Breaking In New Batteries: New batteries should be shipped in a partially discharged condition and must be charged before use. Rechargeable batteries should be cycled - fully charged and then fully discharged - 2 to 4 times initially to allow them to reach their full capacity. New batteries are hard for your device to charge; they have never been fully charged and are therefore "unformed". Sometimes your device's charger will stop charging a new battery before it is fully charged. If this happens, simply remove the battery from your device and then re-insert it. The charge cycle should begin again. This may happen several times during your first battery charge. This is perfectly normal.
Preventing the Memory Effect: Keep your battery healthy by fully charging and then fully discharging it at least once every two to three weeks. Exceptions to the rule are Lithium-Ion batteries which do not suffer from the memory effect
Battery Storage: If you don't plan on using the battery for a month or more, we recommend storing it in a clean, dry, cool place away from heat and metal objects. NiCad, NiMH and Lithium-Ion batteries will self-discharge during storage.
Clean your battery: Clean your battery's metal contacts every couple of months with a cloth moistened with rubbing alcohol. This keeps the transfer of power from your battery more efficient.
Exercise your Battery: Do not leave a charged battery dormant for long periods of time. Once charged, you should use the battery at least once every two to three weeks.
Defrag regularly: By increasing speed and efficiency for your hard drive, you will reduce the workload on your hard drive and battery. Make your hard drive as efficient as possible by defragging it regularly while it is plugged in via adapter.
Dim your screen: Reduce your screen brightness down to the lower levels to squeeze out some extra battery juice. You may also consider reducing your CPU and cooling performance.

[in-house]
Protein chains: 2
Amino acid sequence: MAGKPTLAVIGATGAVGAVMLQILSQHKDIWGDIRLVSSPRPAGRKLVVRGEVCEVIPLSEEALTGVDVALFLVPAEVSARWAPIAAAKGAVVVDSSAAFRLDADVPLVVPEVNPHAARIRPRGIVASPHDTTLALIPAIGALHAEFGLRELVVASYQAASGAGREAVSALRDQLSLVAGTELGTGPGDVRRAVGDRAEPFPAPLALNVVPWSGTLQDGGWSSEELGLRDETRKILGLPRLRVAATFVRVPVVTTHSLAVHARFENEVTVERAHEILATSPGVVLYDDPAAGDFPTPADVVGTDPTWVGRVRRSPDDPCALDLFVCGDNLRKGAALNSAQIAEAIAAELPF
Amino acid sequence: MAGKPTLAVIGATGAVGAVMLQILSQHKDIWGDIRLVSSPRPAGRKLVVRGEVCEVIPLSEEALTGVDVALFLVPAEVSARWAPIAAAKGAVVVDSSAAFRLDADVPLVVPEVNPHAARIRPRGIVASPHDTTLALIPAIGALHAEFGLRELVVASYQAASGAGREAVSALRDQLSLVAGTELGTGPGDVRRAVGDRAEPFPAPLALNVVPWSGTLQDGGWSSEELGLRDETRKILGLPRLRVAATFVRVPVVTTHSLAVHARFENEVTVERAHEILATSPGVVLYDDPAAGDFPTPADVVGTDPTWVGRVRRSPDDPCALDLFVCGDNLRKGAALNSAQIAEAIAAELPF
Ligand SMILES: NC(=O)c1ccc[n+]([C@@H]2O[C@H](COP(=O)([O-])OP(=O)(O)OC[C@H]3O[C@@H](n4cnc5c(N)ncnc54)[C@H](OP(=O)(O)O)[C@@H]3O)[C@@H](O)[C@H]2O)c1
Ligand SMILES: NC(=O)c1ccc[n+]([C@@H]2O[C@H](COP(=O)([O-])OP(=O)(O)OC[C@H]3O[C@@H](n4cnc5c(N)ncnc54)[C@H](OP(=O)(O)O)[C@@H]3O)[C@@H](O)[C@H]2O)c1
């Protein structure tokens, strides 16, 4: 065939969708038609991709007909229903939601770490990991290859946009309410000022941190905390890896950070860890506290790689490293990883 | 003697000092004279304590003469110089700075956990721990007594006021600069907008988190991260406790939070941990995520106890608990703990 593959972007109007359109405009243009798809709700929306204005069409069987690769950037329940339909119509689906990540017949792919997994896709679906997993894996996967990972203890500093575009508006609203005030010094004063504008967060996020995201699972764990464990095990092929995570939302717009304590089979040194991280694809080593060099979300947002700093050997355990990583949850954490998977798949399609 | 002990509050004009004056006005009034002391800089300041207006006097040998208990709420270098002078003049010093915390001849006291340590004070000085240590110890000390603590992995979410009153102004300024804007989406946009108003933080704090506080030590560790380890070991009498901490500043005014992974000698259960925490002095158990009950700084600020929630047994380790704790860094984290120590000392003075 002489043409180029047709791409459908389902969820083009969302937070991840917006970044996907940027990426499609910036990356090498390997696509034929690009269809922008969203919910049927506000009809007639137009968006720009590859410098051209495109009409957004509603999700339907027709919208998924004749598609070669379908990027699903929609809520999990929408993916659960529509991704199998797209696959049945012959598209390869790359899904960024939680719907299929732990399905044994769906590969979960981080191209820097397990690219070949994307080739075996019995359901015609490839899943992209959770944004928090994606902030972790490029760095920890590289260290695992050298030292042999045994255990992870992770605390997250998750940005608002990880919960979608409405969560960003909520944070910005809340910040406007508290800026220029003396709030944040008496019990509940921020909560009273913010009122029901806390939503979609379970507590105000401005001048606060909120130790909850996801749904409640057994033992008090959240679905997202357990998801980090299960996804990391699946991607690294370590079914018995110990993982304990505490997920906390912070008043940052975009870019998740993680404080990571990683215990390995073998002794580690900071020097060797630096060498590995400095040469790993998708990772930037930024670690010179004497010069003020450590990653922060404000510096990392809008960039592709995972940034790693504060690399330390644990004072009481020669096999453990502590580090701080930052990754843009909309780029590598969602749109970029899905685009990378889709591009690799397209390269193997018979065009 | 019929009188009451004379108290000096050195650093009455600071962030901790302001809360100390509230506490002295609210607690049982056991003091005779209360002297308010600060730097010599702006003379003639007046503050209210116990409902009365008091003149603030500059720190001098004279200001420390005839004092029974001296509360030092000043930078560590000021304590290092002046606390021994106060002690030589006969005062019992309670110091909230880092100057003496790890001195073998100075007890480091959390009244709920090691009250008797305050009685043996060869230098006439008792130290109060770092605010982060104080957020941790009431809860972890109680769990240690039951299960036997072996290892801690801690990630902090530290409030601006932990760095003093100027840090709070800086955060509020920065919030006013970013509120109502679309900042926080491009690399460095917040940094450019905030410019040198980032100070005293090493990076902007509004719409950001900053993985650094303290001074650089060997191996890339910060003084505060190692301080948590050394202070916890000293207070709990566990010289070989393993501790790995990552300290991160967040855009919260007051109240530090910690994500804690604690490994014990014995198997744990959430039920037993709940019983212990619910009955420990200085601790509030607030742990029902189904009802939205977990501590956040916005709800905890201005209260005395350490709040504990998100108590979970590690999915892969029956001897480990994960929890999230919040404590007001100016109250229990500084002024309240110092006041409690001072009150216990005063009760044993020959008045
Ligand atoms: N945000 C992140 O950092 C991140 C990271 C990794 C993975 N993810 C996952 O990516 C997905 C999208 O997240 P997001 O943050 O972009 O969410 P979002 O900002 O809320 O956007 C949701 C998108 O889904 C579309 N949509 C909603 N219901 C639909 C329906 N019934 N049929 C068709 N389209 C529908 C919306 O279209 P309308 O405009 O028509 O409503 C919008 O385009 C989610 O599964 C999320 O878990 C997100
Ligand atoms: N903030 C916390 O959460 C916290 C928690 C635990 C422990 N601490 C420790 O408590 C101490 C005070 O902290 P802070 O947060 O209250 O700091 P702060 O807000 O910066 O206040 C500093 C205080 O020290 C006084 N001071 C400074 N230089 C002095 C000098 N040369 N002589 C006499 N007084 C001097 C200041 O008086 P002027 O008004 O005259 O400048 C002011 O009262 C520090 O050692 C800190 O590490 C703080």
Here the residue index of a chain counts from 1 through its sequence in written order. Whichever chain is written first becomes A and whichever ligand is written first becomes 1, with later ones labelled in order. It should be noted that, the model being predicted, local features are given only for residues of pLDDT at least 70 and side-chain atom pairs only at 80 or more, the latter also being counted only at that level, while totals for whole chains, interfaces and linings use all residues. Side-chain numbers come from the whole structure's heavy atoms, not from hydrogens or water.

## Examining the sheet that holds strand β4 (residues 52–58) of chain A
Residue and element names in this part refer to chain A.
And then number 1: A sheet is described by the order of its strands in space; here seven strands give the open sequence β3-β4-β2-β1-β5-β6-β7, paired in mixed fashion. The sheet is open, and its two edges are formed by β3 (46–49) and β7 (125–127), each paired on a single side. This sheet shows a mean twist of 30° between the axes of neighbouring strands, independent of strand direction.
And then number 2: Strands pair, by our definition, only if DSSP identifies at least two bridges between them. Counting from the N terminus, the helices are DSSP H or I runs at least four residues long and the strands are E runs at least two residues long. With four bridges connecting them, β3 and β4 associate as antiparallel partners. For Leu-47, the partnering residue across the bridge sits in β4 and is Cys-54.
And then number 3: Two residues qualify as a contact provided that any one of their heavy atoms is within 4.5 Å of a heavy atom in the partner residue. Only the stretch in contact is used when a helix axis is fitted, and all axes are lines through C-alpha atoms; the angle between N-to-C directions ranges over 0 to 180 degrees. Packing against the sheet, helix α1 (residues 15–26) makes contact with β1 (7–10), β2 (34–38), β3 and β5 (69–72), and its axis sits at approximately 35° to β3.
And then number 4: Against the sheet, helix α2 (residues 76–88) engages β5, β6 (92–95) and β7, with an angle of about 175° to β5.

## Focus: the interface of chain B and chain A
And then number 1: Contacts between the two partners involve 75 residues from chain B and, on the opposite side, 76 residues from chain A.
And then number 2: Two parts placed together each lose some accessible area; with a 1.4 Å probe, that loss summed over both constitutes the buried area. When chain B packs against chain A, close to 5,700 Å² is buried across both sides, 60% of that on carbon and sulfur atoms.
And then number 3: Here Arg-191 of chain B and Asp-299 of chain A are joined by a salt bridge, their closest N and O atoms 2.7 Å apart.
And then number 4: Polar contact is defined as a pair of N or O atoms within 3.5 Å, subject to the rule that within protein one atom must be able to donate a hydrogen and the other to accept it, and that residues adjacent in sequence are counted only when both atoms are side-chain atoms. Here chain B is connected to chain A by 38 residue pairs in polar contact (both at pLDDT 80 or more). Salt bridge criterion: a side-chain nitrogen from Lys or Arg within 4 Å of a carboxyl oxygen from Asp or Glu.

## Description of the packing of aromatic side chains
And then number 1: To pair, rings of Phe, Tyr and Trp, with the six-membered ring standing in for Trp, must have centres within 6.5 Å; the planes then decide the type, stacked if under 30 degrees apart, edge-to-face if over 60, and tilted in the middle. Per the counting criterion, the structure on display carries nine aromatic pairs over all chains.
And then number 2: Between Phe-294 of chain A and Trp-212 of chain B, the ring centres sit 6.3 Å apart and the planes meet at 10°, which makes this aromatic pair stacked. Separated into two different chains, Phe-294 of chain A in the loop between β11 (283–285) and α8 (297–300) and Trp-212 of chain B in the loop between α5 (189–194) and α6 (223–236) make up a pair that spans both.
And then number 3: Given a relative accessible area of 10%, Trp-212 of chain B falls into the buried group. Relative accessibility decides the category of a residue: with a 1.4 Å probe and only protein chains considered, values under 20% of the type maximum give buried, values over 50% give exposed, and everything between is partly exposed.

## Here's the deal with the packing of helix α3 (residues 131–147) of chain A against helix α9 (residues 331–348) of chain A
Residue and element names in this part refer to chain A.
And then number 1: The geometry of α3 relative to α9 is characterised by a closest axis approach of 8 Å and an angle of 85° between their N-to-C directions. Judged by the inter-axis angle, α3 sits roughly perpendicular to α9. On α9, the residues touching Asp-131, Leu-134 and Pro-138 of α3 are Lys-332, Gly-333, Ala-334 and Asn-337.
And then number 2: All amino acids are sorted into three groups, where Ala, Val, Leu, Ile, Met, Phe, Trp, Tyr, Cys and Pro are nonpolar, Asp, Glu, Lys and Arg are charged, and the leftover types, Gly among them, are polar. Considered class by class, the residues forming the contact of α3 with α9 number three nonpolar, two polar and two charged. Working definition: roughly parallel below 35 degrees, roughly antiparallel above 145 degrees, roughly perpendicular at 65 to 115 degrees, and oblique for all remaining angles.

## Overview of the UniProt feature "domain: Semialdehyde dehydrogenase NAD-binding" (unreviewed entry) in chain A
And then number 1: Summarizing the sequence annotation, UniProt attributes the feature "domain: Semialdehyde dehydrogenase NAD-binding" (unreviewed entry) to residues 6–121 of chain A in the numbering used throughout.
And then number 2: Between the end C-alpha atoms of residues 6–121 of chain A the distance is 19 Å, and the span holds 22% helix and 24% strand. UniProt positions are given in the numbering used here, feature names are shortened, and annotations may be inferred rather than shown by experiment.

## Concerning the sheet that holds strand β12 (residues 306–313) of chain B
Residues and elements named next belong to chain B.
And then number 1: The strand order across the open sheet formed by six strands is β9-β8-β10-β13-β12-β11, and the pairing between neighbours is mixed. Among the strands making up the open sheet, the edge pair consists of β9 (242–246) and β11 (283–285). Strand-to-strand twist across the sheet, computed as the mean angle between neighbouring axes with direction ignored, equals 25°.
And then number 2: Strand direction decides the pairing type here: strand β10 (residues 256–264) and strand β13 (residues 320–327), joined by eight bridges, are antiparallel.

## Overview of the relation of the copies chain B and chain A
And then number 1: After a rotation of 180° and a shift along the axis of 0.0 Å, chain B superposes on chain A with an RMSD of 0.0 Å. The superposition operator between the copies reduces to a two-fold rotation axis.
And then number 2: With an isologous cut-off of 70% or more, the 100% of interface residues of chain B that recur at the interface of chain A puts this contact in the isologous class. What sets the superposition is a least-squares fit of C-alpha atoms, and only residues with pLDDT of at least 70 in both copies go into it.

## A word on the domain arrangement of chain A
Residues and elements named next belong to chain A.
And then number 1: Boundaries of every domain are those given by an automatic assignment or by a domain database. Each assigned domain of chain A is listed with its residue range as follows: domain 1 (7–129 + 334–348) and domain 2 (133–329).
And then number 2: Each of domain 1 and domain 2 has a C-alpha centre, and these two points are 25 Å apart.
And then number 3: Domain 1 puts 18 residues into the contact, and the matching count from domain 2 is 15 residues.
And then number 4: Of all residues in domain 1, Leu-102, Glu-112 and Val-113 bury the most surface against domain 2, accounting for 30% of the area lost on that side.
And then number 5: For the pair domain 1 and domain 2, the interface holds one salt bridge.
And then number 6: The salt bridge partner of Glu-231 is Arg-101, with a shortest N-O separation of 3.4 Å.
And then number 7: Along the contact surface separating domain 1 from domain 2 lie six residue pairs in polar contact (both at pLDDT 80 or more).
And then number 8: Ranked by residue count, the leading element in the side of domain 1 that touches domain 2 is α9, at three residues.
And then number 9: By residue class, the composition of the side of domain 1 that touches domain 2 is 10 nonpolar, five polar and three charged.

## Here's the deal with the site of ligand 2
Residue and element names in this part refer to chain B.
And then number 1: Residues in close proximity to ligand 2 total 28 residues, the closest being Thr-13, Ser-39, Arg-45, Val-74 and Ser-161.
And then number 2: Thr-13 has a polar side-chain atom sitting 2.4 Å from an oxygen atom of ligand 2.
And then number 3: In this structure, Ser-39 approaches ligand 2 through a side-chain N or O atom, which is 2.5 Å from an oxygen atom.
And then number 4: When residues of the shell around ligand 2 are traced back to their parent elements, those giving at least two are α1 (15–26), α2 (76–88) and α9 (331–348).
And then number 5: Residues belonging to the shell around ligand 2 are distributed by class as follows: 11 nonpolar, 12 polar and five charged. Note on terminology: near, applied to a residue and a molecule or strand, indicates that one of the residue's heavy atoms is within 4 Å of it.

Reduce running background programs: Prevent adding to your CPU load and reducing battery life. Shut down non crucial applications when you are utilizing your battery.
Limit external devices: USB devices, like your mouse and WiFi, drain your laptop battery. Remove or shut them down when not in use.
Increase your RAM: This will increase processing efficiency within your laptop's native memory as opposed to virtual memory. Virtual memory results in hard drive use, and is much less power efficient. Note that adding more RAM will consume more energy, so this is most applicable if you do need to run memory intensive programs which actually require heavy usage of virtual memory.
Run off your hard drive: As power consuming as hard drives are, CD and DVD drives are worse. Even having one in the drive can be power consuming. They spin, taking power, even when they are not actively being used. Wherever possible, try to run on virtual drives using programs rather than optical drives.
Use the "Hibernate" option: Placing a laptop in "standby" mode saves some power; however, the "hibernate" function saves substantially more. "Hibernating" a PC will save your PC's state as it is, and completely shut itself down.
Keep the operating temperature down: As with many technology products, laptops operate more efficiently in cooler environments. Clean out your air vents with a cloth or keyboard cleaner.
Set up and optimize your power options: Under 'Power Options' in your windows control panel, set the power usage to its optimized level.
Avoid multitasking: Limit your concurrent applications and devices to avoid draining battery life.
Turn off your "autosave" function: Applications with autosave functions save during regular intervals, however, they create additional work for your hard drive.